“Americus, Americus. Is it possible you are not aware of the appalling conditions of starvation and neglect of the human beings incarcerated in the Andersonville Prison? Is it possible a mere ten miles separates Heaven from Hell?” states the handbill in Tracy Groot’s novel, "The Sentinels of Andersonville." At three hundred and sixty-eight pages, this historical fiction targets those interested in the clash between the North and South during the American Civil War, from the standpoint of an actual prison based in Georgia. With gruesome details of malnourishment and suffering along with minor slang and intentional misspellings for dialect emphasis, it would be geared toward mature readers. Sadly, America’s history of hatred for one another is truthfully displayed in this intersecting story of three individuals during the late eighteen hundreds in the South. There is Rebel Emery Jones who has captured a Union Jack but conscientiously struggles as he enjoys his charge’s conversation and companionship while delivering him to the Andersonville Prison. There is young, patriotic Southern belle Violet Stiles, sheltered from the cruelties of war, yet adamantly determined to stoically help its cause. And there is Dance Pickett, a cynical university man stuck on prison patrol on top of the wall over-looking the vast sea of dirty, starved soldiers. All have a deep compassion for the condemned souls, even if they are their sworn enemies. As the nearby town of Americus closes its eyes to the atrocities at the twenty-six acre prison that contains up to forty-five thousand prisoners with almost a third dying, the three try with all their resolve to give aid and food to those in diseased, barbaric conditions, as they avoid accusations of being Union sympathizers and traitors. While Emery makes a pledge to his new-found friend and Violet witnesses a man’s life deduced to nothing, Dance must come to terms of what he truly believes. When the three realize how their homeland has forgotten and forsaken those so similar to themselves, they are committed to bringing the pathetic, inhuman realities of stockade life to the public. Written with both compassionate and witty dialogue, readers are pulled from the bloody battlefield to filthy, flowing prison rivers as friendships are formed, hearts are broken, and beliefs and values are determined. Groot’s page-turner brings to light how mankind can be either cruel and heartless or loving and redemptive, even during war. Thanks to Tyndale House Publishers, Inc. for furnishing this book in exchange for a review based on the reader’s opinions.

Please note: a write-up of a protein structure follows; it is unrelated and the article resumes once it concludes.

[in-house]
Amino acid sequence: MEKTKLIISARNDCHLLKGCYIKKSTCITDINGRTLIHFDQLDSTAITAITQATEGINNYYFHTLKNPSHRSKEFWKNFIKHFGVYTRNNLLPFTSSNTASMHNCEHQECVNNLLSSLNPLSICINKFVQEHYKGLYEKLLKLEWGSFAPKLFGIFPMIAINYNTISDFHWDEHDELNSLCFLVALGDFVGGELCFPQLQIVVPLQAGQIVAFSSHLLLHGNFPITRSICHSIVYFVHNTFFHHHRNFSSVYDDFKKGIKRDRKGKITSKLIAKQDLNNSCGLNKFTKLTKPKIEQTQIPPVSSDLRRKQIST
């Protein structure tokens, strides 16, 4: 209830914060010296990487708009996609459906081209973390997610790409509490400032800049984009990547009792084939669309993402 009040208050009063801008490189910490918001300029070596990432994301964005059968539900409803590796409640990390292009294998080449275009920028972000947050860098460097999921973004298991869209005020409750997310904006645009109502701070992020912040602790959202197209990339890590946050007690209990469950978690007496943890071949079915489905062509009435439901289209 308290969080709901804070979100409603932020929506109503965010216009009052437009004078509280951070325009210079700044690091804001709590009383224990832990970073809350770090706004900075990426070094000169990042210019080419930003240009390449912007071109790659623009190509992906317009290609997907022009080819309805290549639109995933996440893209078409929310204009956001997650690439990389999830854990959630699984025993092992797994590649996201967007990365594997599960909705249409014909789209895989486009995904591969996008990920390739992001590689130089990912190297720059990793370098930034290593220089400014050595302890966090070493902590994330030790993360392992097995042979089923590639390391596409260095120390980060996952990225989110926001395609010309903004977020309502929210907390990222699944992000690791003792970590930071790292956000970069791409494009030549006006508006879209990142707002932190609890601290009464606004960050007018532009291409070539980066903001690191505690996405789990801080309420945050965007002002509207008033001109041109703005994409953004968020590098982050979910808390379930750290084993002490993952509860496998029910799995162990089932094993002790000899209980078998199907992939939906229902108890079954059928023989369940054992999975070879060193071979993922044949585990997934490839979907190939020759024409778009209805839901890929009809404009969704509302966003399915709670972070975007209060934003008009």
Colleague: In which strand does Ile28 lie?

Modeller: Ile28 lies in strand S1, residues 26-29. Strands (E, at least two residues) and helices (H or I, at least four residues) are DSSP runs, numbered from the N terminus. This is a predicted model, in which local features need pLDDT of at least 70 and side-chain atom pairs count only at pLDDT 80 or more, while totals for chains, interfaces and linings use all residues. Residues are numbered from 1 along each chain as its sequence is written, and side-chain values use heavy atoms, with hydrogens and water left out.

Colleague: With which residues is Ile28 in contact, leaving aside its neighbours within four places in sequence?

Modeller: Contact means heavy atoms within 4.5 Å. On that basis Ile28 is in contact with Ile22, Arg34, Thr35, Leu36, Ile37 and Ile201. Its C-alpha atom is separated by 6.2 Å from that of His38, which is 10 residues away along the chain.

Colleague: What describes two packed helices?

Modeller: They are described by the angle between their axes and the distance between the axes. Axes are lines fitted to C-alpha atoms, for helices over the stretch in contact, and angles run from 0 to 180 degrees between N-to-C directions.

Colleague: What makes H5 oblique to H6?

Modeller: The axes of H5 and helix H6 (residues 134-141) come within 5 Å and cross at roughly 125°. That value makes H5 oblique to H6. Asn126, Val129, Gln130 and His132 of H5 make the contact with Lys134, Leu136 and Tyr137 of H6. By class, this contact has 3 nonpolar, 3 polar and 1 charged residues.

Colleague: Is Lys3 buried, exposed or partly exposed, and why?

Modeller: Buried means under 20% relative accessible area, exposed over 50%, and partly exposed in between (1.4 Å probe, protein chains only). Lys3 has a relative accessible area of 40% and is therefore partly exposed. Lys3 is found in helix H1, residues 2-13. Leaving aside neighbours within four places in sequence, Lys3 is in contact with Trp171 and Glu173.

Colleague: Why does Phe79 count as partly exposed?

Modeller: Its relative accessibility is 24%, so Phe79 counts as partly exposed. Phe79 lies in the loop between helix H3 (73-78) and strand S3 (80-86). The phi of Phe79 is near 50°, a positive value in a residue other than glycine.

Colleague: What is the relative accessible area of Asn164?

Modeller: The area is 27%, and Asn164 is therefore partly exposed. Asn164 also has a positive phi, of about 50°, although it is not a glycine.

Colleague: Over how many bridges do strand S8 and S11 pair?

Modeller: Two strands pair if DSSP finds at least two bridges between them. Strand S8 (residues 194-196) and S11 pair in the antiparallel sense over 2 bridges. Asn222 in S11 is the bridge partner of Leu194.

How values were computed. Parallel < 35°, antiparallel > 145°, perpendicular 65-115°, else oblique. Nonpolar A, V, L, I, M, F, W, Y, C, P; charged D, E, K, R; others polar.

I enjoyed Sentinels of Andersonville, as I love historical fiction, and the author, Tracy Groot, did a wonderful job writing this book. The characters are very detailed, and the story is brought to life. You feel what it is like in Andersonville through the eyes of a guard, a young woman who wants to be kind, and a man who has made a friend with an enemy. You see how hard it was to be kind without being called a traitor, the risks people took, how to keep your friendship, and what it takes to keep your promise.